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The social determinants of health: why they matter to improving health outcomes

Social determinants have a major impact on health outcomes – especially for the most vulnerable populations. Factors such as education, income level, and environment must be considered when providing treatment to achieve better health outcomes in these populations. The Kaiser Family Foundation noted in recent research that nearly 50 studies have found that social and structural factors, including education, race, social support, and poverty accounted for over a third of total deaths in the United States in a year. These findings make the case for policy makers, providers, and payers to consider a more holistic, comprehensive approach to healthcare for the patients and families they serve.

The impact of social determinants of health

It has been well-established that poverty inhibits access to healthy foods and safe neighborhoods, and that higher levels of education influence better health. The impact of such factors on health is defined by Healthy People 2030 as the social determinants of health.

Social determinants of health (SDOH) are the conditions in the environments where people are born, live, learn, work, play, worship, and age that affect a wide range of health, functioning, and quality-of-life outcomes and risks.

- Healthy People 2030

When resources are available to address these social and economic conditions, they can have a significant positive impact on individual health outcomes and population health. Recent studies reveal when such resources are lacking, SDOH can impact both an individual’s knowledge about healthcare and resources, and limit access to them.

Social determinants & COVID-19 

Nine months into the nationwide COVID-19 vaccine roll-out, the most vulnerable communities in the U.S. still have a lower vaccination rate on average than the nation's least vulnerable. The American Rescue Plan provided $1.9 trillion in funding to address the ongoing health and economic effects of the pandemic. Some of the provisions in the American Jobs Plan included additional funding not only to address the public health crisis of the pandemic, but also called for additional funds that could address SDOH, including workforce development and wage increases, efforts targeted to affordable housing, and climate policy changes to address environmental safety.

COVID-19 has amplified the discussion around critical health disparities and inequities that have plagued the U.S. and its most vulnerable patient populations for generations. Prior to the pandemic, there were a variety of initiatives to address social determinants of health both in the public and private sectors. The COVID-19 pandemic exacerbated already existing health disparities for a broad range of populations, but specifically for communities of color.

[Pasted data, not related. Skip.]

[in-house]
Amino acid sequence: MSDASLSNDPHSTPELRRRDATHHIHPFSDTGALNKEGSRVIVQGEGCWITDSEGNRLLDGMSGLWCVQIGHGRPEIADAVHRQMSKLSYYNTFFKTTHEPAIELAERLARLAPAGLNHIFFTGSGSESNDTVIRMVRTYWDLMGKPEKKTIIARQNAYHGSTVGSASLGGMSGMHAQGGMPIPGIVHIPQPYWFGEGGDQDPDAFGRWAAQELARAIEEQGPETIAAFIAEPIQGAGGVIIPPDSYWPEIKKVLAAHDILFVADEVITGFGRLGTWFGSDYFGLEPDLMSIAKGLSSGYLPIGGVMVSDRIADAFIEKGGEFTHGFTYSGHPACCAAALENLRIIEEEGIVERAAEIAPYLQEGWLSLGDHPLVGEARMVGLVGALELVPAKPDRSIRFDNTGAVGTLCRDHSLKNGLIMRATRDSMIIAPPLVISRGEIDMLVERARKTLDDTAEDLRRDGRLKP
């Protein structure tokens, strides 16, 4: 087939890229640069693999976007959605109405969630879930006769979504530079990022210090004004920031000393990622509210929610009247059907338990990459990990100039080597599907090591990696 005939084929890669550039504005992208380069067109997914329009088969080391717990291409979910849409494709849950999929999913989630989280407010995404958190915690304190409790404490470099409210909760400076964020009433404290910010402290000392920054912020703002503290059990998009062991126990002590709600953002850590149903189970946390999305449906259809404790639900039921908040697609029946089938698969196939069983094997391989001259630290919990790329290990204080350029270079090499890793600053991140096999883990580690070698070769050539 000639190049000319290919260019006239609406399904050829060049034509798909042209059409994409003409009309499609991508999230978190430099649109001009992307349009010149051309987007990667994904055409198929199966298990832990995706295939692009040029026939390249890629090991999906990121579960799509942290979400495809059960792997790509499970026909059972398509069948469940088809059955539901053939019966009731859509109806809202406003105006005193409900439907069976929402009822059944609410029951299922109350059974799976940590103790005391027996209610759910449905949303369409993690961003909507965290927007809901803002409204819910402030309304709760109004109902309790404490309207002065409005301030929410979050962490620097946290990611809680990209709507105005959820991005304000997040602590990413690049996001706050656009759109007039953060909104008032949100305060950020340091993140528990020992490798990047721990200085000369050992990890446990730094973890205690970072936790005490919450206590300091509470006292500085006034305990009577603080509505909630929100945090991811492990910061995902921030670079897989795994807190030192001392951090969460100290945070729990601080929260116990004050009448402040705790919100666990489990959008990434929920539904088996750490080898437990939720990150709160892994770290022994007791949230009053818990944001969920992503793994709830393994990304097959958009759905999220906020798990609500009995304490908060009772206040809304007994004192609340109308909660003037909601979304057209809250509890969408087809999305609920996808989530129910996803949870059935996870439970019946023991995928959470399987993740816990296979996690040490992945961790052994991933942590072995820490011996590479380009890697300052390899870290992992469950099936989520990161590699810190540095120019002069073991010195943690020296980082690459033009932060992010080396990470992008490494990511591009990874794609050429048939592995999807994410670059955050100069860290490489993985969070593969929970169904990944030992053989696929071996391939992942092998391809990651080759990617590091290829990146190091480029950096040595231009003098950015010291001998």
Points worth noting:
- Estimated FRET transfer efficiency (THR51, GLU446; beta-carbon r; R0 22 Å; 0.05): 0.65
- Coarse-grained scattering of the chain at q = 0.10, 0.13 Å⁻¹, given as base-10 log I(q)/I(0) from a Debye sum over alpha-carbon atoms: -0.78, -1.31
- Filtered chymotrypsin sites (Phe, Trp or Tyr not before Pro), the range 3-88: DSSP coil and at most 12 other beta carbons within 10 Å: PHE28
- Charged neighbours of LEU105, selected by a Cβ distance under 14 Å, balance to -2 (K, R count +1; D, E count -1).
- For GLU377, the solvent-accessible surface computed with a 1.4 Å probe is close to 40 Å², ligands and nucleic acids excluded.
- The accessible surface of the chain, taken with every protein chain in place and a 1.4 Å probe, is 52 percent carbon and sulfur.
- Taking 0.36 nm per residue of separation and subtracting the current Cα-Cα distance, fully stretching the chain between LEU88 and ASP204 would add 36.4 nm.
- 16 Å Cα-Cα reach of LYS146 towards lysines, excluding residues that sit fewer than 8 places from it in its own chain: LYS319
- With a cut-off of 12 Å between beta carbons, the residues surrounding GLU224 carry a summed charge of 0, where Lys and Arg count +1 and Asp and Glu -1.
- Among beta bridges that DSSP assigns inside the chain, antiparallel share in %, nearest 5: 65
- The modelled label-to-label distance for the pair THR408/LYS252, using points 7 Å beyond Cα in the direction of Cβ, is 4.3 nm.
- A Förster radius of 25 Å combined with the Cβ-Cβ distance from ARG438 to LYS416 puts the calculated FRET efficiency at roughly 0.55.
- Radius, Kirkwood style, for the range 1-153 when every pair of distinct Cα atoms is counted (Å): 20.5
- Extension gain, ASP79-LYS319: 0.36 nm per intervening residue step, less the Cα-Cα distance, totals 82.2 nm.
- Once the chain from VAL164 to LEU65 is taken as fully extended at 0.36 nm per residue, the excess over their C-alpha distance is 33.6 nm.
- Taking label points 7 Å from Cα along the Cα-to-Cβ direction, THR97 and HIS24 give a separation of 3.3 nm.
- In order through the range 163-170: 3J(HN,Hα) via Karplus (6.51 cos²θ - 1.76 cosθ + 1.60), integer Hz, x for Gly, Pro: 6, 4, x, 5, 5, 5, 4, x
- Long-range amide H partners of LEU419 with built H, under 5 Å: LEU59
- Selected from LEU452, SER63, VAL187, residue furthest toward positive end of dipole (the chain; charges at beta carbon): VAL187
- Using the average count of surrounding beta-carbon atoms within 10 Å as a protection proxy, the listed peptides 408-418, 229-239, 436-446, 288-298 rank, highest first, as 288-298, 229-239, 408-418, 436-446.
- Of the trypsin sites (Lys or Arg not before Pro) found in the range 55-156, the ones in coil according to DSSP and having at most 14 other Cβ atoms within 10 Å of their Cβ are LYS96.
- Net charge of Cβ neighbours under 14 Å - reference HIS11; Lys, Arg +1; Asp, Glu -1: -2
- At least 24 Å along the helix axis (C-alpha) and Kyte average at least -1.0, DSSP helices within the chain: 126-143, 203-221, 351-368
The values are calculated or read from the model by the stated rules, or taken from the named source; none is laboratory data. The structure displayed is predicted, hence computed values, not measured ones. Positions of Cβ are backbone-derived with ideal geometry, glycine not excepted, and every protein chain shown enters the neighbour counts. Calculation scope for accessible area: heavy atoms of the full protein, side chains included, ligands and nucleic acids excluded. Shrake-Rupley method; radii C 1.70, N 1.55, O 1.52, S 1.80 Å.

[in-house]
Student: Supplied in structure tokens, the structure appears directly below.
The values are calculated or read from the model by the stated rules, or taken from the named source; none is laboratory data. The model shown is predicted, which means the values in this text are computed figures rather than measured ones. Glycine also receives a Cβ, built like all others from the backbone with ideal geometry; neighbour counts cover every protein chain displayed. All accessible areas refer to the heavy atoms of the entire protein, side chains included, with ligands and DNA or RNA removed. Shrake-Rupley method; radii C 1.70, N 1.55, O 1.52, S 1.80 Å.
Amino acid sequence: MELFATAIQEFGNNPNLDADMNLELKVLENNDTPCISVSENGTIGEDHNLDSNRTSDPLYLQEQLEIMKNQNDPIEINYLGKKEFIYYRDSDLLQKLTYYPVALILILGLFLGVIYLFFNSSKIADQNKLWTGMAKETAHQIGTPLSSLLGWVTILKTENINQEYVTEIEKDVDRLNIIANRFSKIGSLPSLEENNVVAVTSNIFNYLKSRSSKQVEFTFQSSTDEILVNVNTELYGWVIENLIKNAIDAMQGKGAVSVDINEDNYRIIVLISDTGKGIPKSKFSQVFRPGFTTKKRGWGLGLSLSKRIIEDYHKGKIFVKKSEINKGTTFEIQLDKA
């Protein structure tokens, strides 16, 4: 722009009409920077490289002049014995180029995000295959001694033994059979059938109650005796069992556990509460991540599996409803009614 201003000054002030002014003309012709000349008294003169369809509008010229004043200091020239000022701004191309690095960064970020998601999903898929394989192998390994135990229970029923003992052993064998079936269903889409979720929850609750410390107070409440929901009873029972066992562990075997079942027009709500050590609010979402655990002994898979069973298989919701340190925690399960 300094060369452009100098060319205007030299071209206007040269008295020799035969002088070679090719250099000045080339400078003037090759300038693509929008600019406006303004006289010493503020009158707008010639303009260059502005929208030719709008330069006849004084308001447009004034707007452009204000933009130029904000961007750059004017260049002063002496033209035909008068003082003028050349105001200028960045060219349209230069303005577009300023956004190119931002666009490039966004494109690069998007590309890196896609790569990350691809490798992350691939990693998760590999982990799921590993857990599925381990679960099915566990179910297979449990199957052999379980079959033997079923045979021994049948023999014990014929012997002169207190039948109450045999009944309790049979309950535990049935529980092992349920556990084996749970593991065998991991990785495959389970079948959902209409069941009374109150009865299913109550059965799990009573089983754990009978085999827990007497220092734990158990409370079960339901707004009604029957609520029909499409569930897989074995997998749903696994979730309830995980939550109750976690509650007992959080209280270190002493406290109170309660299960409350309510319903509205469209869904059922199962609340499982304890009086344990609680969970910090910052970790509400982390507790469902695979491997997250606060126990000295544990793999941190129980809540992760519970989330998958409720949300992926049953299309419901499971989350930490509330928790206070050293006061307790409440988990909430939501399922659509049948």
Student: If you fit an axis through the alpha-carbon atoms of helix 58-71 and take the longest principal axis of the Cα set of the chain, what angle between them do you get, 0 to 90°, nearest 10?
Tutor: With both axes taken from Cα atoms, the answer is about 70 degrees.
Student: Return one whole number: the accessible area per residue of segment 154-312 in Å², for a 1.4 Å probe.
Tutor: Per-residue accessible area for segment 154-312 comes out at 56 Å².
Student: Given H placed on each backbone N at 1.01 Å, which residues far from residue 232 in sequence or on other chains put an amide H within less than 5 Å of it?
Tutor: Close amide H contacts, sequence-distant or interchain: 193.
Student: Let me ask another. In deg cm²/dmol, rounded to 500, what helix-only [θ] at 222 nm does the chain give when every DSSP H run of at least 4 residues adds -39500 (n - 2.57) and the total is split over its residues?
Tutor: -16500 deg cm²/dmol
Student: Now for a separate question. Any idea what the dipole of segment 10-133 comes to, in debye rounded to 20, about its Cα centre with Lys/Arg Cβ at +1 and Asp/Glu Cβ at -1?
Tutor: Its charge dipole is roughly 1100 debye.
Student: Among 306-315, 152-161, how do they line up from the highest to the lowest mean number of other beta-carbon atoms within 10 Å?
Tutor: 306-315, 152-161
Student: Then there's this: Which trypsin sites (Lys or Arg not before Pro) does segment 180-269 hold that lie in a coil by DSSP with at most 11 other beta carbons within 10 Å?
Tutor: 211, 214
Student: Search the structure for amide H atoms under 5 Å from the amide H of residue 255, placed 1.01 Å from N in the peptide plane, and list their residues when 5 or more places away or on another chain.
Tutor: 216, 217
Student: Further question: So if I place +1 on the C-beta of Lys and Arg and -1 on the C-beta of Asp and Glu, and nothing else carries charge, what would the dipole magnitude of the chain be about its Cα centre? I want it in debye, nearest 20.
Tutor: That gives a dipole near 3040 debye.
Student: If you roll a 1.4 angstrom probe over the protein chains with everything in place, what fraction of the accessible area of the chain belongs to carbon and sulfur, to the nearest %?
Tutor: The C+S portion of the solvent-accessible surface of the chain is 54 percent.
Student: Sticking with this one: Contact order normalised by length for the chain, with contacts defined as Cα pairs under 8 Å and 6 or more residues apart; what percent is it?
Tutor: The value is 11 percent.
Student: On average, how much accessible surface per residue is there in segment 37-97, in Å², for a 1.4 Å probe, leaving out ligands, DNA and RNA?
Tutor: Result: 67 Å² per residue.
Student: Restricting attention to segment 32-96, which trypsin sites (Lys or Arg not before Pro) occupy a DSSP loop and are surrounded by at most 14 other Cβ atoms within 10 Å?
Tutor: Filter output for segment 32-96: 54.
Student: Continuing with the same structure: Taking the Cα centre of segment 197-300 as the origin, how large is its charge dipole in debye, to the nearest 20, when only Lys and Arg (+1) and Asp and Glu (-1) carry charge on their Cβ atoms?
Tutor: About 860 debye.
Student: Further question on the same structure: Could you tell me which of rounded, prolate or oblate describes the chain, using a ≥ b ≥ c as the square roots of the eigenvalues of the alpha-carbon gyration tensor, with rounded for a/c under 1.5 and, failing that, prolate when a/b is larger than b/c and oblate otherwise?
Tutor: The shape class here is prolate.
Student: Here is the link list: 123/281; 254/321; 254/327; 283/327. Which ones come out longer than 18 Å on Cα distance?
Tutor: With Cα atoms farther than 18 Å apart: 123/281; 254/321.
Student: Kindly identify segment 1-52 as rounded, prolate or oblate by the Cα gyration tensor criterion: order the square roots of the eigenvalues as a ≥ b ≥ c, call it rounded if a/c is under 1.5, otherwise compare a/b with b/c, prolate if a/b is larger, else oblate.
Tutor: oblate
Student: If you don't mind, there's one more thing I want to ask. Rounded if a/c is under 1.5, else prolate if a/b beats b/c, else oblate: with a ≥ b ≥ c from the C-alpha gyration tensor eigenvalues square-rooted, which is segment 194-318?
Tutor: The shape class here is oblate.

As a result, the healthcare industry has accelerated its efforts to address SDOH by introducing initiatives that specifically target these disparities.

Driving Action

Race and ethnicity, gender, sexual identity, age, disability, socioeconomic status, and geographic location all contribute to an individual’s ability to achieve good health. These determinants have a major impact on health outcomes, especially for our most vulnerable populations. To help practitioners take action to address SDOH, we offer the following:

  1. Empower people to make informed health decisions through advances in health literacy. Health literacy, defined as “the degree to which individuals have the ability to find, understand and use information and services to inform health-related decisions and actions for themselves and others”, plays a critical role. When people are empowered to make informed decisions about their wellbeing, they are invested to make the best decisions concerning their health.
  2. Address individual needs through appropriate screening and referrals services. This includes examining how government services and benefit programs intersect on a personal level. We must reimagine how citizen services such as healthcare, housing, education, and transportation can work together to improve people’s health, well-being, and quality of life. 
  3. Utilize digital innovations to modernize the delivery of government services. This includes maintaining a focus on improving the citizen experience (CX) and delivering more personal, individualized services.  As digital advancements change the ways people interact with the government, it is important that customer contact channels are integrated with seamless hand-offs between them.
  4. Forge cross-sector partnerships that address the health and social needs of patients. People and organizations at the local, state, territorial, tribal, and national levels must continue to pioneer new ways to create the conditions people need to live healthier lives.

It is only when "all people have the opportunity to attain their full health potential and no one is disadvantaged from achieving this potential because of their social position or other socially determined circumstance" (Centers for Disease Control and Prevention) will we be able to address to achieve the promise of health equity.

Read our other Social Determinants of Health (SDOH) related content here.